Whatever else has happened this week, the whole decoupling theory has been trashed. Anyone comparing the performances of the U.S. dollar and euro against the yen to the performances of equities in the U.S. and Eurozone would have doubted that theory anyway. If we're trading in the U.S., we still must be aware of what's happening around the globe. Those who were already thinking globally also learned that they couldn't count on their diversification into other countries' equities as a buffer against downturns in U.S. equities.

The U.S. economy needs a stimulus, some have decided, and U.S. Congressional and Bush administration officials have been rushing to provide it. This morning, Congressional aides alerted media that an announcement of a possible plan could be made as early as today. It was. As hammered out and revealed by House Speaker Nancy Pelosi (D-Calif), House Republican Leader John Boehner (R-Ohio) and Treasury Secretary Henry Paulson, the stimulus is structured so that the money is most likely to be spent and invested.

Key elements currently include tax rebates of $300 to $600 for individuals and up to $1,200 per American family for low and middle-income workers. Some who paid no income tax but did pay payroll taxes would be. The rebates would be capped at families making more than $187,000.

Other elements include tax breaks to businesses. Some businesses could obtain a 50 percent write-off for investments made on capital equipment. The intention is to boost employment.

The promise of federal support for mortgages through Fannie Mae, Freddie Mac and the Federal Housing Administration drew the most interest, at least from those in the housing and financial communities. The conforming mortgage limit would be lifted in the plan's current composition, suggesting that it may again be easier to obtain loans for those whose mortgages were above the previous limit. Jumbo mortgages have been difficult to obtain.

In its current incarnation, the plan does not include extra money for food stamps or the extension of unemployment insurance. That disappointed Democrats, but Republicans were disappointed, too. The plan does not extend the 2001 and 2003 tax cuts beyond 2001, when they will expire.

Naysayers soon debated the merits or deficits of the plans, and they'll go on debating them. It remains to be seen what the final form will take. House Speaker Pelosi promised to get the plan before the House as soon as possible. The Senate would then receive the plan, at which time they could change it.

Market participants worked hard to digest yesterday's gains and all the news, but indices stalled at resistance as they did so. Two events may have contributed to the afternoon stall: waiting for the details of the stimulus plan as well as a statement from the New York State Superintendent Eric Dinallo. Dinallo said that the bond insurer's bailout plan may take longer than some had hoped. However, markets stalled at the natural place they might be expected to stall on a day after a big gain.

Under normal conditions, the expectation would be that we'd perhaps see another day or two of consolidation before a punch up to test the next level of resistance, but these aren't normal conditions. The possibility that this stalling at resistance could presage reversals must be faced. Let's look at charts to see what we see.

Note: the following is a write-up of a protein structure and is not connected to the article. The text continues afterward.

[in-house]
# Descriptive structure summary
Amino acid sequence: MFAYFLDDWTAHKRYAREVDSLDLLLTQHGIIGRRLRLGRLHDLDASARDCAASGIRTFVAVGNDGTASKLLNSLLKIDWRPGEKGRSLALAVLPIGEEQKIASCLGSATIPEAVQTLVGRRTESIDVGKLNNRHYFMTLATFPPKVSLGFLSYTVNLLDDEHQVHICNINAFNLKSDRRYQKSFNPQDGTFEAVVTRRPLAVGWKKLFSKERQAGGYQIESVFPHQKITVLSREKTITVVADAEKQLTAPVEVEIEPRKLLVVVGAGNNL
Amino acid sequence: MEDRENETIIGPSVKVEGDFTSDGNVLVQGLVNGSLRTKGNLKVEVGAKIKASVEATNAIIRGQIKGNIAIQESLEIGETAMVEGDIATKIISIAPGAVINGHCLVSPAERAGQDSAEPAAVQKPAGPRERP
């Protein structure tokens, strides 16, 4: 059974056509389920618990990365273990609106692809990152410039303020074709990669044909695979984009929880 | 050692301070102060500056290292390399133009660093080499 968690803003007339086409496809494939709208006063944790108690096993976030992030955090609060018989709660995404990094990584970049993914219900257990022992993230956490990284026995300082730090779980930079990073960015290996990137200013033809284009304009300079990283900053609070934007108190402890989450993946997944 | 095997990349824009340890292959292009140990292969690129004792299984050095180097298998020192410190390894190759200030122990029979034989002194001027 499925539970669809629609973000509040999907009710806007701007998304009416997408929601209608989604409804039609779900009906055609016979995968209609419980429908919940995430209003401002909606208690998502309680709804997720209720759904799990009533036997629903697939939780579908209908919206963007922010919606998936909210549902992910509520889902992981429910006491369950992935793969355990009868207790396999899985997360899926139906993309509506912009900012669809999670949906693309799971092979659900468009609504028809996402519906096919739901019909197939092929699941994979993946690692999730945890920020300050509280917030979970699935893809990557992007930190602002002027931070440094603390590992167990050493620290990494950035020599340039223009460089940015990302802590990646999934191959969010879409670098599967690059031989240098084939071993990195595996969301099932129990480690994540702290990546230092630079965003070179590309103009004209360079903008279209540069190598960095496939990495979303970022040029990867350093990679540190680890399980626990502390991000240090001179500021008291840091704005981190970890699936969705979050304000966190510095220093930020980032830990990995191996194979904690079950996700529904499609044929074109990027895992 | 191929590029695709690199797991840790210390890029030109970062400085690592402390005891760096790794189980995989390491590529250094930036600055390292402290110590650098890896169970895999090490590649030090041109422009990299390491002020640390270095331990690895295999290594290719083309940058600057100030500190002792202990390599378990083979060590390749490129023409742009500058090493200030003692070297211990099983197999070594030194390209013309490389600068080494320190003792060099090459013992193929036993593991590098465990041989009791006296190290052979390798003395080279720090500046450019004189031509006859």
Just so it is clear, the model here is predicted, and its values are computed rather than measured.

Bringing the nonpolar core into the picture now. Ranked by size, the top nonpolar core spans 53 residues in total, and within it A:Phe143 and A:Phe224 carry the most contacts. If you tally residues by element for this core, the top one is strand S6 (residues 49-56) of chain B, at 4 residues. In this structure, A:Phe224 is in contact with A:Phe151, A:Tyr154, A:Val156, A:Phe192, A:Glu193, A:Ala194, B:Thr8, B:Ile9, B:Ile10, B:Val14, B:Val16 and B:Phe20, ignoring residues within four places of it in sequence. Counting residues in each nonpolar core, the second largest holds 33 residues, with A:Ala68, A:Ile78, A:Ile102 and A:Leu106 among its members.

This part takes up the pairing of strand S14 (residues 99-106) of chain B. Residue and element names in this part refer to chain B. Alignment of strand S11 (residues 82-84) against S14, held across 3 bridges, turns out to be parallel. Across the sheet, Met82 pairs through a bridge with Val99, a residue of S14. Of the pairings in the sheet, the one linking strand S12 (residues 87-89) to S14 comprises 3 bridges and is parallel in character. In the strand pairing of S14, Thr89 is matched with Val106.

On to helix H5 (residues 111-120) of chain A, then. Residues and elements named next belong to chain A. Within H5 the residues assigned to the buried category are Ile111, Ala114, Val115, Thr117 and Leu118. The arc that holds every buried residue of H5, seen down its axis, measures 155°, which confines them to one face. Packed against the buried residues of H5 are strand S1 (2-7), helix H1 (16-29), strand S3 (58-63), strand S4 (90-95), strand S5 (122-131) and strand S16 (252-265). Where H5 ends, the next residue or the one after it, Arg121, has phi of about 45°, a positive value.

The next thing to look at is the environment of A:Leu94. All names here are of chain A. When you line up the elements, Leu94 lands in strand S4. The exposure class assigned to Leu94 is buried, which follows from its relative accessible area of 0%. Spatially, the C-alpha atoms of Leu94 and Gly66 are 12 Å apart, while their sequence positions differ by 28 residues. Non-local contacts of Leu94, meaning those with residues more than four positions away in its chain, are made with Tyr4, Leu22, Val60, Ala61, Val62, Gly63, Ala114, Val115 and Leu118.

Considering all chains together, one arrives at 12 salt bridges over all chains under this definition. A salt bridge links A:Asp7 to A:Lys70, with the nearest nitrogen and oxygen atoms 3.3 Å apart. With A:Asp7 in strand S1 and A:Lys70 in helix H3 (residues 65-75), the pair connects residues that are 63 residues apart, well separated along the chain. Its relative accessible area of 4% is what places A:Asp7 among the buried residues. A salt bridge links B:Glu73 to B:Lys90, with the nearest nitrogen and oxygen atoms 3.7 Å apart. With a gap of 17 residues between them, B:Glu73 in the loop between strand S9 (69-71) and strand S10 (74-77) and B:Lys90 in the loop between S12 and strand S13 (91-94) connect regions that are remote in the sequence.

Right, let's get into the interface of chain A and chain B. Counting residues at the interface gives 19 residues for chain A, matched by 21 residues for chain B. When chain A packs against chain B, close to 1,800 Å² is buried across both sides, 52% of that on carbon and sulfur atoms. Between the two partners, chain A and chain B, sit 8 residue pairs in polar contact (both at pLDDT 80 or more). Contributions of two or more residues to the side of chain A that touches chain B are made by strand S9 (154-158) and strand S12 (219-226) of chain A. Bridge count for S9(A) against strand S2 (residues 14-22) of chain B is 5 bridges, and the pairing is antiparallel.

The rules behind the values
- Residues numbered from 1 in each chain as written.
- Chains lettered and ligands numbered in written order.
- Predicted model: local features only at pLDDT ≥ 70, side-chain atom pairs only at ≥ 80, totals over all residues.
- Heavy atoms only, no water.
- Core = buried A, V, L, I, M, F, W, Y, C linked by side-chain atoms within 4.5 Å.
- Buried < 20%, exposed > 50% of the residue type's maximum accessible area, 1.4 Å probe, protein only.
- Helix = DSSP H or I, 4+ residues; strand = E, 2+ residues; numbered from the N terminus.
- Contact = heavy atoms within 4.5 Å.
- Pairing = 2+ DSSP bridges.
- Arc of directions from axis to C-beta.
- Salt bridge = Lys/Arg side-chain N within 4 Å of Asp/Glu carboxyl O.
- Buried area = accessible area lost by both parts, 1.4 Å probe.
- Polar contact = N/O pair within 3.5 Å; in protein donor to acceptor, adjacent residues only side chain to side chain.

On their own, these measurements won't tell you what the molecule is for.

Annotated Daily Chart of the SPX:

Do the signs of accumulation that I've pointed out mean that the SPX can't roll over again? No way. As I've mentioned before on these pages, institutions can and often must begin accumulation on the way down. They can be wrong. What would be ideal is a low-volume test of the same area with the support again holding.

The SPX's daily Keltner chart shows potentially strong resistance on daily closes at 1355-1362. That chart suggests that until and unless the SPX can produce daily closes above that zone, it's vulnerable to further downturns toward Keltner support, currently near 1305.50 on daily closes. I haven't room to include all Keltner charts, too, but traders should know that on both Tuesday and Wednesday, this daily Keltner support did hold on daily closes. Candle shadows pierced those lines but the bodies of the candles were above or at the lines.

However, the steep declines have turned that support lower, so it's now possible for the SPX to slide lower along that descending channel line and still ostensibly hold onto its support. To decrease the vulnerability to a rollover and further sliding down that channel's descending support, the SPX needs to first maintain daily closes above about 1362, and then it needs to climb steadily enough to turn the daily 10-sma (or 9-ema, which I use on my Keltner charts) higher again. Fibonacci levels have seemed to have been well established as support on the way down, and so now might be considered potential resistance on the way up.

Relief or technical rallies can be sharp, as that "No rally like a bear-market rally" quote from this morning suggests. They can blast through resistance as easily as the decline blasted through support. I've been expecting a sharp relief rally, perhaps one that carries on for days or even up to a couple of weeks. We've had the days now: two of them. In my opinion, anything can happen now.